Owner wants to demolish Whitehaven's former bus station
Last updated at 13:19, Thursday, 01 August 2013
Whitehaven's art deco-designed bus station looks set to bite the dust.
Permission to demolish the 1930s building on a one-acre site at Bransty Row is being sought by the owners.
Special consent is needed as it lies within a town centre Conservation Area.
Copeland council’s approval to demolish the bus station, together with the old bus garages on Wellington Row (behind the Wetherspoon pub), has been applied for by Monaghans Ltd of Sheffield, acting as agents on behalf of Torquay-based company Whitehaven Marina.
Peter Beard, for Whitehaven Marina, said: “We are looking to demolish the buildings and to find someone who may wish to purchase our sites.”
Parts of the old garages on Wellington Row are considered dangerous and the council’s building control section has become involved.
The firm demolished the old bus depot, opposite Wetherspoon, last summer, work that resulted in problems for some nearby properties as previously undisturbed rats and pigeons were scattered.
The depot, once used to house Stagecoach buses, plus the adjacent Grand Garage site, was cleared to leave a large vacant tract of land that had planning consent, granted over three years ago, for a new five-storey complex of shops and 62 flats. The dilapidated building had blighted the northern entrance to town for more than a decade.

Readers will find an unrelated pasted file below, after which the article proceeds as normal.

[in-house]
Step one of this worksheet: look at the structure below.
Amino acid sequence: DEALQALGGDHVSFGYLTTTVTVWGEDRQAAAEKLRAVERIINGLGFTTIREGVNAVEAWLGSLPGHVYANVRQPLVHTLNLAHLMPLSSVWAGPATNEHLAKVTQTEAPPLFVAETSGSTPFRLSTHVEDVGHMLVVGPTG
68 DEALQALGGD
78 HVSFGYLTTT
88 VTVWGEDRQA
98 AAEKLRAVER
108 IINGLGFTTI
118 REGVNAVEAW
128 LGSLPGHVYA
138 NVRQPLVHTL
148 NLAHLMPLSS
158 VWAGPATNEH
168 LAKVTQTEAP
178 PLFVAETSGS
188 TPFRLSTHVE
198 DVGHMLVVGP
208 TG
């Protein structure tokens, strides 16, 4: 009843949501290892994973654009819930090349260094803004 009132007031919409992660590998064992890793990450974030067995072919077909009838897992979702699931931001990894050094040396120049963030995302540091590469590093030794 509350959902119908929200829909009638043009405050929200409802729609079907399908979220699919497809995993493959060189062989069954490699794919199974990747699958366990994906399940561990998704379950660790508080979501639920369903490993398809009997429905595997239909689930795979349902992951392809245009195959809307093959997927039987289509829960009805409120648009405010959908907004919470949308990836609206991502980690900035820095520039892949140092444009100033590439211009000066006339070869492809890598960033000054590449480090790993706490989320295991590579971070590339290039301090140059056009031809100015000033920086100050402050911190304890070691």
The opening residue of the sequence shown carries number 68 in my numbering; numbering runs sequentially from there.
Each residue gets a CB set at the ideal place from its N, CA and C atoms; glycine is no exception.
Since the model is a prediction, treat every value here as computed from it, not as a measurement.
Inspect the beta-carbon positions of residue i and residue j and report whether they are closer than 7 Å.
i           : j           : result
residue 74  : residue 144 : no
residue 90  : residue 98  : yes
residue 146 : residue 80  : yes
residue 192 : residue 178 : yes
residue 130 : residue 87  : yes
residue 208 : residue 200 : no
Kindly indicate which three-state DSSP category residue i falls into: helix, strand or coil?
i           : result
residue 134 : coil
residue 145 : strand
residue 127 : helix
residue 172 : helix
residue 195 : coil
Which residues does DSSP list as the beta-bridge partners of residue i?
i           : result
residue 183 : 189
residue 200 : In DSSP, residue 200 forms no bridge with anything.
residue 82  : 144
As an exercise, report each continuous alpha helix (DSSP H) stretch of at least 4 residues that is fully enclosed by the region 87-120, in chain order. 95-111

There was a public outcry in the winter of 2002 when Stagecoach decided to shut down and sell off the bus station, after which passengers had to use stops on Lowther Street, Duke Street and Preston Street.
The bus station was opened in 1931, having been built by Glaisters, a local firm of builders and masons.
It was only the second covered-in bus station in England at that time.
The building’s curved rows of bricks showed great skill and building apprentices from Workington College would regularly be sent to Whitehaven to admire this example of the brickie’s craft.
First published at 13:15, Thursday, 01 August 2013
Published by http://www.newsandstar.co.uk
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Thankyou 'Proffesional Man'. Been there myself. What you have stated is absolutely correct, missed that one. In the process of negotiating leaving the area, however, will still be interested in progress, hopefully that word will apply, only if the people of the area recognise that a change is vital to that end.
Observer - What a great posting and I completely agree.I must point out that all the educated and qualified persons have fulfilling and rewarding careers and don't have time to be Councillors. That's the problem. How many CEO's, Project Directors, Accountant, Lawyers, etc. actually put themselves forward? These professionals have fulltime careers and don't usually have the time to become Councillors, that's why it's the ex-union and blue collar workers that stand for election, they need to feel important and being a Councillor allows this! Most importantly whatever happened to Whitehaven being a town with history? Surely development of the current bus station makes far more sense than knocking it down.
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